New European proposals aimed at cutting the cost of using debit and credit cards have been announced, but it's too early to say whether shoppers will benefit or lose out from the move.

The European Commission (EC) wants to cap "interchange fees" charged by cardholders' banks to retailers' banks when processing transactions. (See our Cashback Credit Cards and Credit Card Freebies guides for how to make plastic work for you.)

The fees would be limited to 0.2% of the transaction value for debit cards, and 0.3% for credit cards. At present, in the UK, debit card rates are below 0.2%, but credit card rates are around 0.8%.

These fees are unseen by consumers, but ultimately we all pay for them, as retailers include them in the prices they charge for goods and services.

The Commission hopes capping the fees will lower retail prices. But British card firms say they may have to increase other charges instead, and that retailers may end up pocketing the difference.

What do the card firms say?

The UK Cards Association, which represents card issuers and handling firms, says that in countries where caps have been introduced, consumers haven't benefitted.

It says: "The EC's model brings a risk that banks and other card issuers will be forced to implement new fees, because the reduced income from retailers will mean that the substantial costs of providing cards, and the systems which enable customers to pay for things safely and speedily, will have to be funded by cardholders in other ways.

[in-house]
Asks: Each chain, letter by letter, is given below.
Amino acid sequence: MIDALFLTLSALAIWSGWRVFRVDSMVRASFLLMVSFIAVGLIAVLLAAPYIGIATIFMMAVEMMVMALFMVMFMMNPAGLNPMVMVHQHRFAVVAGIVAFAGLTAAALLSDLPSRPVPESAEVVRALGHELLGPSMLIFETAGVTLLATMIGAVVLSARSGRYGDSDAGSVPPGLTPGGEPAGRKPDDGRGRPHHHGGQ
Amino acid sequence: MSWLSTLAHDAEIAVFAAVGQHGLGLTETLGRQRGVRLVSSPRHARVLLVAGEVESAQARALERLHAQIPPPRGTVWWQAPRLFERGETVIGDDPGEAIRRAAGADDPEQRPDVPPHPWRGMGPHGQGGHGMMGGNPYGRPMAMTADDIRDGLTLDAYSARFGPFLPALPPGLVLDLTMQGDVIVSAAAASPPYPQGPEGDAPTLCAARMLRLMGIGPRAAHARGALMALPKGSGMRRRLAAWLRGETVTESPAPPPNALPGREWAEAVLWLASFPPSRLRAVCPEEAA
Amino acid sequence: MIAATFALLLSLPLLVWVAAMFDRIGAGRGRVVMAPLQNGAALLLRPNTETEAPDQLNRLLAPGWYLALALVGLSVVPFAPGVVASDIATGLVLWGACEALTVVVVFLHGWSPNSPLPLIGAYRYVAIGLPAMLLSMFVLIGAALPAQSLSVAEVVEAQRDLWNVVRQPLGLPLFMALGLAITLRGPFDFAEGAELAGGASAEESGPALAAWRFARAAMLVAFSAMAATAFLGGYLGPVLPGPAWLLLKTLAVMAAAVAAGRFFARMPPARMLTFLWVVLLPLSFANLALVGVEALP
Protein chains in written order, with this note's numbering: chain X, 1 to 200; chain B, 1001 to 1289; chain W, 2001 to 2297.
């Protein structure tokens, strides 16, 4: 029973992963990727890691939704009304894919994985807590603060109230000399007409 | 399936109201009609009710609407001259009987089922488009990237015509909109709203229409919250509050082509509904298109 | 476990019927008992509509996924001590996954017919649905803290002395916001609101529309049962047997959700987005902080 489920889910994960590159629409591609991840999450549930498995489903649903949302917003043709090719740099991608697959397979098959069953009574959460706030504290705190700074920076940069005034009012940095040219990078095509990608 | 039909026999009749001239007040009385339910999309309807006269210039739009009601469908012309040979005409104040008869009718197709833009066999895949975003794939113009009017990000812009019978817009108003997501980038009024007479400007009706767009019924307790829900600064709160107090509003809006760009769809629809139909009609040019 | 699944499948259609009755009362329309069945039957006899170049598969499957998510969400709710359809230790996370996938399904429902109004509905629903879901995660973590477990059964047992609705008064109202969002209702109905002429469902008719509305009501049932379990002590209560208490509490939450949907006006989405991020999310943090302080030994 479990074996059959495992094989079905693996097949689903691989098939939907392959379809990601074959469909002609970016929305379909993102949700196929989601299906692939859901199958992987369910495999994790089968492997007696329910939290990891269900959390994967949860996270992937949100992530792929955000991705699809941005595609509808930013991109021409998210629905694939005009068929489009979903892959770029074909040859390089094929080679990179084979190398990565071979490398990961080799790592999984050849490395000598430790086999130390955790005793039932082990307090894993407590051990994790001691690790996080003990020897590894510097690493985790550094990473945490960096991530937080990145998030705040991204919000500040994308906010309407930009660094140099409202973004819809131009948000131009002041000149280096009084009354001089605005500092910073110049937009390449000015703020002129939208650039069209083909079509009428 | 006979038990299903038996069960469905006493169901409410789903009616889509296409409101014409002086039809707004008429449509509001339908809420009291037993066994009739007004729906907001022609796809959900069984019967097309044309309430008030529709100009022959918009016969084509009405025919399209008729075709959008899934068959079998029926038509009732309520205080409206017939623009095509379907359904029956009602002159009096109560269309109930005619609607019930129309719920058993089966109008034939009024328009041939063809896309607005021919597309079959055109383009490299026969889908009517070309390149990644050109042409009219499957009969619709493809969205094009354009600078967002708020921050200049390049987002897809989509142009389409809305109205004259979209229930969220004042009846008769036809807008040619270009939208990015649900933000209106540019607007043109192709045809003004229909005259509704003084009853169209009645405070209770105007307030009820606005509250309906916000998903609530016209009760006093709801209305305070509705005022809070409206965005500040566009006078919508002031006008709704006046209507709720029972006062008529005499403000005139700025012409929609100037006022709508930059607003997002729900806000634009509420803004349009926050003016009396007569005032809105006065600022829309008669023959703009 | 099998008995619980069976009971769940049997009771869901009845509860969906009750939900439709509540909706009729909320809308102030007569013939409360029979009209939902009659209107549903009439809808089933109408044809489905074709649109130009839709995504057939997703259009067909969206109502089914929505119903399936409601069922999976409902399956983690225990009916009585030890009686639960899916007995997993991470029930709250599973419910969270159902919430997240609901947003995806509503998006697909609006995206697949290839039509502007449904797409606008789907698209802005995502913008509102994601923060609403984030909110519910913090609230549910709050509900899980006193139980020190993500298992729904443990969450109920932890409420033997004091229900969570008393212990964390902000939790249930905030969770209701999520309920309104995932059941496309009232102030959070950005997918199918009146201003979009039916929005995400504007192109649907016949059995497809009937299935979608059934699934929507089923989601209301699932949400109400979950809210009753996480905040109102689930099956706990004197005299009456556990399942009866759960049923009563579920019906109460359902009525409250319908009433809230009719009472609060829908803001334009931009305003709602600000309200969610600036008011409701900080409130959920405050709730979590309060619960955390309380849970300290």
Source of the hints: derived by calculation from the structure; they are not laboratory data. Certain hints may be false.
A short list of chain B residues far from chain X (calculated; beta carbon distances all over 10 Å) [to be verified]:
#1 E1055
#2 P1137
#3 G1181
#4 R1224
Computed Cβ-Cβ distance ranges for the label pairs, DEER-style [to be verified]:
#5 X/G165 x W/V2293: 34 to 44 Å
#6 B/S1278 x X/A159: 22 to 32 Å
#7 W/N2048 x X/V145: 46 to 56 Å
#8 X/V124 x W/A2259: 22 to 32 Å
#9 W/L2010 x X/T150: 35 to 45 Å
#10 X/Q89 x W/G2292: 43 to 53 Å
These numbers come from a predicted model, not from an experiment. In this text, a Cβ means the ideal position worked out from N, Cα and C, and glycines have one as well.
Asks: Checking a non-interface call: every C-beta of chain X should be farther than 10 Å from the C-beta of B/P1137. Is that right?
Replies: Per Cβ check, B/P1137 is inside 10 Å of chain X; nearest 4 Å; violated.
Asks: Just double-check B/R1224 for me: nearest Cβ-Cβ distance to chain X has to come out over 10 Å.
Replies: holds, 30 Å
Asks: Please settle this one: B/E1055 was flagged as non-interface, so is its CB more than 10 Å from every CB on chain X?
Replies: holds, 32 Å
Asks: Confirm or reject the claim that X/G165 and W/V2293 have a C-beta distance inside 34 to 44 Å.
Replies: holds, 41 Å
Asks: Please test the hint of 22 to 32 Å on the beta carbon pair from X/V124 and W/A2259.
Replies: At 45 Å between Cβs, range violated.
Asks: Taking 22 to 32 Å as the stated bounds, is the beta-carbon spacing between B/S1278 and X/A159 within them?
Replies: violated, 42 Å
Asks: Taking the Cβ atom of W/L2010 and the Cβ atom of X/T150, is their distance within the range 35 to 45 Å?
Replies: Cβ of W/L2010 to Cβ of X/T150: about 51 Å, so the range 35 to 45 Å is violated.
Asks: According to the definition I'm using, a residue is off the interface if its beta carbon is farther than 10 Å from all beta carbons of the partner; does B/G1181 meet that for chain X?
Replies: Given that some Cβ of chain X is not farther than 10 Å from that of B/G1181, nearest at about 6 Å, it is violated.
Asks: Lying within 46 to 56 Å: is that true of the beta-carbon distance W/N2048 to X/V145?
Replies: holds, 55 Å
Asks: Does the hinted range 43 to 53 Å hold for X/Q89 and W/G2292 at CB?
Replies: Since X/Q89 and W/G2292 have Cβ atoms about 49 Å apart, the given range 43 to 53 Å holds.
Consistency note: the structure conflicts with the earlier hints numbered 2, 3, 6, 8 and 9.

"All the evidence from other countries where similar laws have been introduced is that while retailers have benefitted, this has not resulted in lower prices for consumers.

"The main immediate beneficiaries of these proposals will be the largest 100 EU retailers, with customers losing out."

70% of all EU credit cards are in British consumers' pockets, while 30% of all EU debit or credit card spending takes place in the UK.

What does the European Commission say?

The commission doesn't believe new charges will need to be introduced.

Its vice president Joaquín Almunia says: "Consumers are encouraged through reward systems to use the cards that provide their banks with the highest revenues.

"The regulation capping interchange fees will prevent excessive levels of these fees across the board.

"A level playing field will be created for payment services providers, new players will be able to enter the market and offer innovative services, retailers will make big savings by paying lower fees to their banks, and consumers will benefit through lower retail prices."

The EC hopes the caps will encourage the growth of new payment methods which don't involve cards, such as online transactions from customers' accounts.

It adds that if some banks do increase fees, those increases – unlike the current charging system – must be transparent, allowing customers to look for cheaper options.

What happens next? senior money writer Helen Saxon says: "While we don't know exactly how this would affect the UK cards market, it could mean that using cards becomes more expensive for consumers – rewards schemes and cashback are likely to be first to go. If not, we may see an increase in costs, either on the card's APR or a charge per transaction.

"However, these measures will save retailers money – so customers could win if savings are passed on in the form of lower prices."

The plan now has to be discussed by both the European Parliament and the European Council. The EC hopes the proposals will be looked at "as soon as possible" after the summer, although there's no date for this to happen.

As part of the same package, the EC has proposed new EU-wide rules on caps for how much customers would have to pay if their cards were used fraudulently, as well as a direct debit guarantee and ban on surcharges for credit and debit cards.

However, these are already mostly covered by UK laws.